White House balks at House panel’s Tricare measure

The White House is objecting to a House Appropriations Committee measure that would prohibit an annual increase in fees for working-age retirees in the military health plan known as Tricare.

The provision appears in the panel’s version of the fiscal 2012 Defense Authorization Bill, which is to be taken up on the House floor in the coming days.

The Office of Management and Budget, in a statement of policy released Thursday, said the measure “would hinder implementation of the Tricare proposals included in the President’s Budget.”

Both the House and Senate Armed Services committees have approved a one-year fee increase. Under their versions of the bill, retired service members who are still eligible to work would pay $520 a year for family coverage starting Oct. 1, up from $460. Premiums for individual plans would rise to $260 from $230.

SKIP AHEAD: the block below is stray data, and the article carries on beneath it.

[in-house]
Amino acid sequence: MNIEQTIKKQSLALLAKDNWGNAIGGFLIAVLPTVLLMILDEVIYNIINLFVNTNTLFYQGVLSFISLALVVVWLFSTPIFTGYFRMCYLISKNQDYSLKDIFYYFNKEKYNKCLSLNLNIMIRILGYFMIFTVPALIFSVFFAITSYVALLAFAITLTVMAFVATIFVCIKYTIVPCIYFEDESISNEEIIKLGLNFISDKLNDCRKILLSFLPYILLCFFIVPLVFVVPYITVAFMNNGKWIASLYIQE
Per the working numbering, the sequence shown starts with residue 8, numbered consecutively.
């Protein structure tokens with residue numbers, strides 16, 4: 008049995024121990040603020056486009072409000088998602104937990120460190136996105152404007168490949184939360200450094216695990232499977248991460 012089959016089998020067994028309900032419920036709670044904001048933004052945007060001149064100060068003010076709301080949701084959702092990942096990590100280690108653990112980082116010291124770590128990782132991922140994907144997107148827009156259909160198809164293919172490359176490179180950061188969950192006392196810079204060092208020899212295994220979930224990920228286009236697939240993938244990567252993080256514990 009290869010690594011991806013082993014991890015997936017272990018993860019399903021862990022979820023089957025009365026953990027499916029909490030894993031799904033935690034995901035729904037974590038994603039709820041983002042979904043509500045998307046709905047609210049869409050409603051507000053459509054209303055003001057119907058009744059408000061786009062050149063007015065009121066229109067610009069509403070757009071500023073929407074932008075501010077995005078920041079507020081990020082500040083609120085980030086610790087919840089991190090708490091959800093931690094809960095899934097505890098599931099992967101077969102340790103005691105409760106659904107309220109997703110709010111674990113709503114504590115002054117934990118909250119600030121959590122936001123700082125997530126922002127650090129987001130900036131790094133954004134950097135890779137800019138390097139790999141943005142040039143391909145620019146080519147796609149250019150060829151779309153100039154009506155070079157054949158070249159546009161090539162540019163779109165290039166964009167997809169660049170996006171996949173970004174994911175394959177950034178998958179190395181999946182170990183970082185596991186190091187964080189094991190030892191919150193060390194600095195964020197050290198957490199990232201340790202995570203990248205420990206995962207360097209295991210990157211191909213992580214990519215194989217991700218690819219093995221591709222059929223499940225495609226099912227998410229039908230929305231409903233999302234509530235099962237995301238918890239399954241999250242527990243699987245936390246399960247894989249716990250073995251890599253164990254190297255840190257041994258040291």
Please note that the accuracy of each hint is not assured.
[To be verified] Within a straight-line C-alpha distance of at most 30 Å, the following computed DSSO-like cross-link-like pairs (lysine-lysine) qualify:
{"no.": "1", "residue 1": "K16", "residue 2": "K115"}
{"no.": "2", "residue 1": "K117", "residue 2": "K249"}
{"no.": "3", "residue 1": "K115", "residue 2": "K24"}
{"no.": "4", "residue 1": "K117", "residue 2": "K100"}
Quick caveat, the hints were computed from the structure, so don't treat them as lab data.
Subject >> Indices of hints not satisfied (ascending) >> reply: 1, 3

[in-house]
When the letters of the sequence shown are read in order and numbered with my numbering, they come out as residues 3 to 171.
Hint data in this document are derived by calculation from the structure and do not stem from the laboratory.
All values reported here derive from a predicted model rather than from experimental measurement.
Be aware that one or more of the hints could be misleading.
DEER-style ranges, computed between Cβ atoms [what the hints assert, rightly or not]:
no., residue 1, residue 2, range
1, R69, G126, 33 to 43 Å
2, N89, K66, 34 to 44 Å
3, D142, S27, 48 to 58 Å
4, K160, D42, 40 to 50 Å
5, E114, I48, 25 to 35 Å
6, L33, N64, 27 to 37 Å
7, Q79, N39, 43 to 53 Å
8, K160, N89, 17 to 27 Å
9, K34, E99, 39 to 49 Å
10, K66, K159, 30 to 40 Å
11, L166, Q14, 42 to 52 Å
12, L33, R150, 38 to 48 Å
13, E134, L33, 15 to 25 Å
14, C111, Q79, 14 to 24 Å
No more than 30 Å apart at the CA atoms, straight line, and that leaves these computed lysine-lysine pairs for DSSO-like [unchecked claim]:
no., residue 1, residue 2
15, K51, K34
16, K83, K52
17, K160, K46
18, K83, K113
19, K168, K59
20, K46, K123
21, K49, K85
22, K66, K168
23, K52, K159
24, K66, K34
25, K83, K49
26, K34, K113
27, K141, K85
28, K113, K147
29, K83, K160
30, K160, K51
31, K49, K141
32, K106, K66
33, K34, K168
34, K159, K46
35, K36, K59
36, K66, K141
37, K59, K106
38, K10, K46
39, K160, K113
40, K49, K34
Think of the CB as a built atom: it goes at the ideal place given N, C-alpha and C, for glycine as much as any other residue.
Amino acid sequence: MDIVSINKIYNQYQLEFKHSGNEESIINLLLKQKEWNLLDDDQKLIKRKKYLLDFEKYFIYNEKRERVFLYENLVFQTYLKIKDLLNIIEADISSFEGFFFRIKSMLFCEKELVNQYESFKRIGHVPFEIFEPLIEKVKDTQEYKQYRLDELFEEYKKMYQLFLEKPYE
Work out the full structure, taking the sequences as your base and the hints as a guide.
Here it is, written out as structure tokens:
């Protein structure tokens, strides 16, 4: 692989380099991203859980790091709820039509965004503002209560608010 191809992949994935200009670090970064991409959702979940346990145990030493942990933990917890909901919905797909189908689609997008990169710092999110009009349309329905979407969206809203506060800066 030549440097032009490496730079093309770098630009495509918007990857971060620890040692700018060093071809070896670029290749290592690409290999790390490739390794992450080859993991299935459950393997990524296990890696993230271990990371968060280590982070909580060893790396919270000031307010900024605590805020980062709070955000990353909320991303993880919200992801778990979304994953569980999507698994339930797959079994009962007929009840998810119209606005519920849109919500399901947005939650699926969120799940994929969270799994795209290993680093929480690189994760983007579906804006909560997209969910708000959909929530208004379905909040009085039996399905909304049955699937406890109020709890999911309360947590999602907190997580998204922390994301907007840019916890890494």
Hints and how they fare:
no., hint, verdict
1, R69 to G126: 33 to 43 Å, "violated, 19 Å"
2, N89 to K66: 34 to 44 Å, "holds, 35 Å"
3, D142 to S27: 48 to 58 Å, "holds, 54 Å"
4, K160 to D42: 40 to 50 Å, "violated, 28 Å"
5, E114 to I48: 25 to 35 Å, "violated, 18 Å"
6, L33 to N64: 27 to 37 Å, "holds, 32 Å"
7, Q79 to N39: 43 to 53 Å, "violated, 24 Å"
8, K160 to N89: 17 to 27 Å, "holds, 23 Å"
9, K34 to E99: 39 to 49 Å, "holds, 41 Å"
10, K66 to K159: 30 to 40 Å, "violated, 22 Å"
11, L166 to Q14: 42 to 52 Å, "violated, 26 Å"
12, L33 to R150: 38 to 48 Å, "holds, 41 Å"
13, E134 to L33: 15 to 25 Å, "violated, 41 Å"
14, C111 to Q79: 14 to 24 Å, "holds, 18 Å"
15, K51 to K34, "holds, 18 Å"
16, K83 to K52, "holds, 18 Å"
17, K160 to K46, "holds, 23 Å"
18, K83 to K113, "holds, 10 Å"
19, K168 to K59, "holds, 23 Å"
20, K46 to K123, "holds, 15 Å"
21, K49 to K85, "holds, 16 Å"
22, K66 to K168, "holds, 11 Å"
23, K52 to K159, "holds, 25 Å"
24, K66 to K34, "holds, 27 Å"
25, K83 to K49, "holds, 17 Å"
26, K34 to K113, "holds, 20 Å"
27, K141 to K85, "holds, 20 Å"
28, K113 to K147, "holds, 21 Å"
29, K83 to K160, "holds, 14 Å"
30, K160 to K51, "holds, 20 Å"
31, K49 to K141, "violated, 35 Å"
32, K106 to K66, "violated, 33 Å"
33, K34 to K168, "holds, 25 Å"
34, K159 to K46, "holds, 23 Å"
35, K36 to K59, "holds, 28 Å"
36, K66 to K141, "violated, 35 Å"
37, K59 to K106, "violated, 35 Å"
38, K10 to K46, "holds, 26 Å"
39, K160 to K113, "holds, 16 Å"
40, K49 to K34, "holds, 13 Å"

OMB also said the administration objected to reductions in high-priority science and technology programs at the Defense Advanced Research Projects Agency and a $125 million cut from the Pentagon’s Military Information Support Operation (MISO) in its base budget.

Some $180 million was left for MISO programs overseas, primarily in Afghanistan and Iraq.

Not surprisingly, the OMB letter objects the committee’s limitations on the use of funds dealing with detainees. The committee had included a provision that would more broadly restrict their transfer.

“Although the Administration opposes the release of detainees within the United States,” the OMB called language in the bill “a dangerous and extraordinary challenge to critical Executive branch authority to determine when and where to prosecute detainees, based on the facts and the circumstances of each case and national security interests.”

Walter Pincus reports on intelligence, defense and foreign policy for The Washingon Post. He first came to the paper in 1966 and has covered numerous subjects, including nuclear weapons and arms control, politics and congressional investigations. He was among Post reporters awarded the 2002 Pulitzer Prize for national reporting.
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